Wednesday, November 4, 2015

What Do We Mean by "Courageous" Leadership?

Teach me your way, O LORD, 
and lead me on a level path because of my enemies.
Do not give me up to the will of my adversaries, 
for false witnesses have risen against me, 
and they are breathing out violence.
I believe that I shall see the goodness of the LORD 
in the land of the living.
Wait for the LORD; 
be strong, and let your heart take courage; 
wait for the LORD!
Psalm 27:11-14

Recently a friend sent me an article titled, Six Reasons Why Pastors and Church Leaders Must Be More Courageous Today.” Here’s the list:

1. There have been dramatic shifts in culture, most of them adversarial to biblical Christianity. 
2. The position of pastor is no longer held in high esteem in many communities. 
3. Church critics can be vicious. 
4. Pastors must push against the “me” mentality of many church members..
5. Good church leaders must say “no” often. 
6. Ultimately church leadership is spiritual warfare. 

Two things came immediately to mind.

First, there are way too many blog posts and essays that give six or eight or five reasons why something is good for us, or bad for us, or really (really) important. What is it about lists?

Second, I am always suspicious when someone wants to talk about how pastors are courageous, or need courage to do this or that right thing. Sometimes it’s manipulative. No one want to lack courage or fail to do the courageous thing. Other times it’s just self-serving. 

At a conference I attended, one of the presenters, the pastor of a large church in the Southwest, talked about implementing change. He told how before he started a bold new program at his church he asked for the unanimous support of his board and they gave it. Later, when the changes went into the effect, one of the board members spoke out in opposition. The lesson, he told us soulfully, is that there is “one Judas” on every governing body. Seriously. I repressed the impulse to tell him that the wayward board member wasn’t “Judas,” and of a certainty, he wasn’t Jesus.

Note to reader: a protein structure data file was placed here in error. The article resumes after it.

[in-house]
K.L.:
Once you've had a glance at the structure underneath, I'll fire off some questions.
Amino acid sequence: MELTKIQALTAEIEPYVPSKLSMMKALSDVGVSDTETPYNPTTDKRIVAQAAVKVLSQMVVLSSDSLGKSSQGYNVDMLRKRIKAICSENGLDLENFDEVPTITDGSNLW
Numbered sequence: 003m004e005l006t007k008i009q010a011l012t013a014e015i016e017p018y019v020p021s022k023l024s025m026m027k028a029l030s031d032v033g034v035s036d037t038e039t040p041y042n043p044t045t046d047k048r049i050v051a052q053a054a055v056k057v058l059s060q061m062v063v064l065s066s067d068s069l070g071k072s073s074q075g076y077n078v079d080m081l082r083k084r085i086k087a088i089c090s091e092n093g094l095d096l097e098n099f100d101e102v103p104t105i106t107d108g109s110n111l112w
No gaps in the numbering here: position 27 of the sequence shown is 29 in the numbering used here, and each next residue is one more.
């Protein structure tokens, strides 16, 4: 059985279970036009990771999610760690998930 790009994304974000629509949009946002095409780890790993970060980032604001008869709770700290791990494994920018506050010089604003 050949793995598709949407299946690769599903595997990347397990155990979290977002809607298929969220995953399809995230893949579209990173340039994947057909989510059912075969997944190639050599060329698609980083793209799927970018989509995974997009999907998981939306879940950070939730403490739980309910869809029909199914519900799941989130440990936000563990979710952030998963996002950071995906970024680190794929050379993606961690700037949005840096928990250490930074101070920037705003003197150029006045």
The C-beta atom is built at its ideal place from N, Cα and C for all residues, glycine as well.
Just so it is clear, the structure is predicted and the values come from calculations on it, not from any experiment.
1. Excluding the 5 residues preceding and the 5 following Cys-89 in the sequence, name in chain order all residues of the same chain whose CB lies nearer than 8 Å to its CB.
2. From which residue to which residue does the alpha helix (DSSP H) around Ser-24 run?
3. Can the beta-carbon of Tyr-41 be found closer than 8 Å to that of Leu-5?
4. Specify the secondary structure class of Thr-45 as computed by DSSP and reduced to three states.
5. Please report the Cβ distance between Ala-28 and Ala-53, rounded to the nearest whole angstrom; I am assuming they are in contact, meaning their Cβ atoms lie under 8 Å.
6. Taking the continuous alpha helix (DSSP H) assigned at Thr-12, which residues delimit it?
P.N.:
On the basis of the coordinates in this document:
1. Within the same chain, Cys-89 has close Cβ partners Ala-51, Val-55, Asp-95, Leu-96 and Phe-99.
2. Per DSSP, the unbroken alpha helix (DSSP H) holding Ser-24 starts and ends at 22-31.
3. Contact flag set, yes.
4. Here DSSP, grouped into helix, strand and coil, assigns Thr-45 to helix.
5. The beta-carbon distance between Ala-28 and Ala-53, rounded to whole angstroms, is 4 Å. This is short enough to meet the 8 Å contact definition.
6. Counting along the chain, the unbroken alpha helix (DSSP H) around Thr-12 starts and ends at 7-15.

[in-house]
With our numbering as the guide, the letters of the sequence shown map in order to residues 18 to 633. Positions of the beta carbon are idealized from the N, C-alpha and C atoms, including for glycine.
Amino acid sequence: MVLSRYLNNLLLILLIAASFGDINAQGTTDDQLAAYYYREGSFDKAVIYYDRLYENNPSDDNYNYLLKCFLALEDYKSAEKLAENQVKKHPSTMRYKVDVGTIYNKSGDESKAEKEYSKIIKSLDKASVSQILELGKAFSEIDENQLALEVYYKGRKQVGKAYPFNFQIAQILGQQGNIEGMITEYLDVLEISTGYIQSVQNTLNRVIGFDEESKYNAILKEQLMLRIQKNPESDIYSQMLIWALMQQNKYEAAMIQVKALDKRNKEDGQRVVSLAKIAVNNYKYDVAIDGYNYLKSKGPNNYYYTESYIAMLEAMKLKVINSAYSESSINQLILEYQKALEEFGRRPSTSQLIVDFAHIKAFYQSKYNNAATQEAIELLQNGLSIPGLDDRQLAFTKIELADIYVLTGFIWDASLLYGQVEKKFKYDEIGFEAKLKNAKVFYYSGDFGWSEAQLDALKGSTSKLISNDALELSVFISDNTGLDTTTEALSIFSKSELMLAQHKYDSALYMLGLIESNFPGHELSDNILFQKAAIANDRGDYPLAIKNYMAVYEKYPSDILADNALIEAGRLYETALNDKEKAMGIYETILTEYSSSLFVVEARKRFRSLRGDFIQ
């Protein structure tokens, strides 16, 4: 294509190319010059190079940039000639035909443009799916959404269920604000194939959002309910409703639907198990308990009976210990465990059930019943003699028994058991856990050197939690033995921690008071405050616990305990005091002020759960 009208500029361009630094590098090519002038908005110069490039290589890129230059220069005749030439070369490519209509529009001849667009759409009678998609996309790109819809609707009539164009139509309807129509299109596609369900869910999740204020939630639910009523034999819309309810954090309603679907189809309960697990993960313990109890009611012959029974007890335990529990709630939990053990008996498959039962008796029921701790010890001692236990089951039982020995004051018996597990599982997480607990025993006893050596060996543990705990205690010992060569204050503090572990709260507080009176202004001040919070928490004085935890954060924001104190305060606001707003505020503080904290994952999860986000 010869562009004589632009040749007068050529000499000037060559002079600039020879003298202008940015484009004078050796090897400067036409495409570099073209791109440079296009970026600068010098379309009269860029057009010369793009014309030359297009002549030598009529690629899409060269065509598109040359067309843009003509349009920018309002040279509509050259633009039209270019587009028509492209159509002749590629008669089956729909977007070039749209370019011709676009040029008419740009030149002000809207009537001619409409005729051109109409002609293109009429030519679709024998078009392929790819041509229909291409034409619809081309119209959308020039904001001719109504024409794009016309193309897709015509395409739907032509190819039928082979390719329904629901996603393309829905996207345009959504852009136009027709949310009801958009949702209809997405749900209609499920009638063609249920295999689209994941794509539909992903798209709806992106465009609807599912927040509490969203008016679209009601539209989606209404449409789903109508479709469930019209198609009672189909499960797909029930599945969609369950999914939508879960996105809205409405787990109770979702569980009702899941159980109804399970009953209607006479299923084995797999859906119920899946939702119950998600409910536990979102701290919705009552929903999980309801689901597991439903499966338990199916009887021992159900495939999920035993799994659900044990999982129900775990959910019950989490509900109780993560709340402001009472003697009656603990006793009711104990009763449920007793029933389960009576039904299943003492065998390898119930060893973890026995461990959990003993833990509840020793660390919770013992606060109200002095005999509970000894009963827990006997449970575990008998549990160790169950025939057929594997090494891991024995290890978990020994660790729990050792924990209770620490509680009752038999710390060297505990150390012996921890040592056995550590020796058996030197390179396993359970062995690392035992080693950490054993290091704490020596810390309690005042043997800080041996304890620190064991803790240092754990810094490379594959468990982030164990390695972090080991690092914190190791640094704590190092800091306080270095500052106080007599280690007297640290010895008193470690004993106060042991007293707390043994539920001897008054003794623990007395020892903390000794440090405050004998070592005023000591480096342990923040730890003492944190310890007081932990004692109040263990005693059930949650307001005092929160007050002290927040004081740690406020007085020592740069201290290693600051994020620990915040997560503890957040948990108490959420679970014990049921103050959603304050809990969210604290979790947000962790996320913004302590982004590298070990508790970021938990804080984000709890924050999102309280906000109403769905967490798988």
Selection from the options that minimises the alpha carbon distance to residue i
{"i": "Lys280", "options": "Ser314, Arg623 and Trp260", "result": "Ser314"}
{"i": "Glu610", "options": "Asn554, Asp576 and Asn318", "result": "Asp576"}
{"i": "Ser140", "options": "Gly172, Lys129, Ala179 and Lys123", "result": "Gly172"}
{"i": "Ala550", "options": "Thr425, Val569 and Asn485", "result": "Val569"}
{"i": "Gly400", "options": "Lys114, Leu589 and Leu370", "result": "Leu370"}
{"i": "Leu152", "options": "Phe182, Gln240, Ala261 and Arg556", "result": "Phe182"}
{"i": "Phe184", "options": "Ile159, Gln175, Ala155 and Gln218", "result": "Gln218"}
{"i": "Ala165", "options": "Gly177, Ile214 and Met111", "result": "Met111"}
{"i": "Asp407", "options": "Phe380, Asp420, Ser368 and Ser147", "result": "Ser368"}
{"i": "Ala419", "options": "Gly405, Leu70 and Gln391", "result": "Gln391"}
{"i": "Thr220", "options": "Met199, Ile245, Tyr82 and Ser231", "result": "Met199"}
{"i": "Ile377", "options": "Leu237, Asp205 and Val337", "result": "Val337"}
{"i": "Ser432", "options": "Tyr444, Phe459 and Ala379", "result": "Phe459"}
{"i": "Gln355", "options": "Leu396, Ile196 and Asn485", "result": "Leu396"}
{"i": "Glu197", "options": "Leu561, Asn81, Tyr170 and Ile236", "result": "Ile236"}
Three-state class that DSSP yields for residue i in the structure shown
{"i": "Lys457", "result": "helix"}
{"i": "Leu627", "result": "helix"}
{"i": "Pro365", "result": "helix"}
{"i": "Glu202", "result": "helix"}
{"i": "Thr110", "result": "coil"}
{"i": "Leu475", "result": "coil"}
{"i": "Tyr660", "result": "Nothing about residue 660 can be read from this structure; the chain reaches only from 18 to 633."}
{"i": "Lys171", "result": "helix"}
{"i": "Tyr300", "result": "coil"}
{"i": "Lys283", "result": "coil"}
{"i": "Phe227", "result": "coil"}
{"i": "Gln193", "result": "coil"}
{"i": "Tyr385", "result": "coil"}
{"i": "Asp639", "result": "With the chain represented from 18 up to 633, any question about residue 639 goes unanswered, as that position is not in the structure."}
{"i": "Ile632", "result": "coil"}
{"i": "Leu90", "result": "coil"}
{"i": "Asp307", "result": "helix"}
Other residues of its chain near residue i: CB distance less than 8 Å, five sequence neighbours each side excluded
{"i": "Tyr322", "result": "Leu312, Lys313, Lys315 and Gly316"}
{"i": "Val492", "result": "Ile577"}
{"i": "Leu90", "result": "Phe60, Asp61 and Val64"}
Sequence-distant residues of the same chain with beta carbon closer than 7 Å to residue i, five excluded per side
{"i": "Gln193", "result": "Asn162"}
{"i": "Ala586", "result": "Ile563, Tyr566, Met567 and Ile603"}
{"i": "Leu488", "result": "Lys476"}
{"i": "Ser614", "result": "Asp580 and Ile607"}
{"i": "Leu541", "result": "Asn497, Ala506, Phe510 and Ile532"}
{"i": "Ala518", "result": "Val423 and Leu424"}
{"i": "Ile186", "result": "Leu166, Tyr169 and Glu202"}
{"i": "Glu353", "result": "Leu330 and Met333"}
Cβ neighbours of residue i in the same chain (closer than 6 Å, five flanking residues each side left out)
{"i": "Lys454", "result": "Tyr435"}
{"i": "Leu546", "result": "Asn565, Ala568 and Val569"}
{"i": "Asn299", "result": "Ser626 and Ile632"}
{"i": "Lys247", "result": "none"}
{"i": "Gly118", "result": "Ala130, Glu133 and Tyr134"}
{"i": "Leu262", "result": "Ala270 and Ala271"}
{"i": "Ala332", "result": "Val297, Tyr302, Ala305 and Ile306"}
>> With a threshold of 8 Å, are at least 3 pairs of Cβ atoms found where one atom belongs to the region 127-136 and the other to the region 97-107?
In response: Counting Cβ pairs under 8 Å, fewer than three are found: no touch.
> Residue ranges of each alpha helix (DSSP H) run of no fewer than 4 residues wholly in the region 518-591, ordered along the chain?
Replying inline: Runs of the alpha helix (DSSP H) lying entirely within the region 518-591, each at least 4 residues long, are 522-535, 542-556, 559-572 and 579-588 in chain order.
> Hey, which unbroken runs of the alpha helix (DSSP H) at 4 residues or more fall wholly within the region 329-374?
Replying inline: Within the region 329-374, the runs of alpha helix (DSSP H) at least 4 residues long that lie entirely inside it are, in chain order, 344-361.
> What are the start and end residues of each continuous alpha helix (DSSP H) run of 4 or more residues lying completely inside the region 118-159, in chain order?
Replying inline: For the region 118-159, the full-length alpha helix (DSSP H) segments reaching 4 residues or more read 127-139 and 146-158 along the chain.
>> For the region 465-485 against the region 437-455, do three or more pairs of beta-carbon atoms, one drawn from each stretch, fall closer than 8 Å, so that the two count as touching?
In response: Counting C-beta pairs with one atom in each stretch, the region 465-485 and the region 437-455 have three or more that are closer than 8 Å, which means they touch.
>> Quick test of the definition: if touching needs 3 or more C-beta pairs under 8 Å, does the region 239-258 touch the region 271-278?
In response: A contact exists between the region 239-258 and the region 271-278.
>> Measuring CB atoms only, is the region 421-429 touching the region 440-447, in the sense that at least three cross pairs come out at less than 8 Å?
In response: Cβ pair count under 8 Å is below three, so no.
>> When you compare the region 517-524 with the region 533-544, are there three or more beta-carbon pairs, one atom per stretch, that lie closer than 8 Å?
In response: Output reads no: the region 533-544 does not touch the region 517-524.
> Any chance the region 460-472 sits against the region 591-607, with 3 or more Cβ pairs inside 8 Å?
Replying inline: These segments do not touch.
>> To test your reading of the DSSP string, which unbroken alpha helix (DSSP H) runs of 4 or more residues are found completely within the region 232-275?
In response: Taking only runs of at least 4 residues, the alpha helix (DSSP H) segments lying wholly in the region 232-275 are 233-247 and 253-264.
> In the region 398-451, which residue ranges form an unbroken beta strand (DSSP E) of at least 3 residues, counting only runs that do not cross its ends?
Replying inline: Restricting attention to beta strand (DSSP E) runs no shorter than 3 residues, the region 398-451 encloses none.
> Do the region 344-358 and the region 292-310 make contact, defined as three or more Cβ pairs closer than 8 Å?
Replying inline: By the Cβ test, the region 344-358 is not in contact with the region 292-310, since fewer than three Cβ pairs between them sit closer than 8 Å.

“Courage” and “courageous” are words that should be used with care. The Psalmist speaks of courage "though an army encamp against me." That's not the same as facing a cranky parishioner on the church council.

Martin Luther King, Jr. was courageous. Jim Reeb was courageous. When we speak of saying, “no” to a parishioner’s request as an act of courage, we devalue real courage.

Make no mistake. It is not easy to be a pastor. And it is not easy to be faithful to the gospel in our culture. But I am always suspicious when I see someone talking about “biblical Christianity.” More often than not, what they really mean is “traditional Christianity,” and that is just another euphemism for maintaining a condemning attitude toward LGBTQ persons.

Some cultural shifts are adversarial to biblical Christianity, but in other areas we have made great progress. 

Proclaiming the Kingdom of God, as Jesus did, over against the kingdoms of this world is a radical undertaking. The vision of a world where the poor are lifted up, the last are first, where everyone belongs, where everyone has enough and no one has too much, has never been an easy sell. 

The most virulent critics of real biblical values are very likely to call themselves Christians. Beyond that, the broader culture is often just indifferent. And this is a challenge for pastors and church leaders and serious Christians. But church leadership isn’t “spiritual warfare.”

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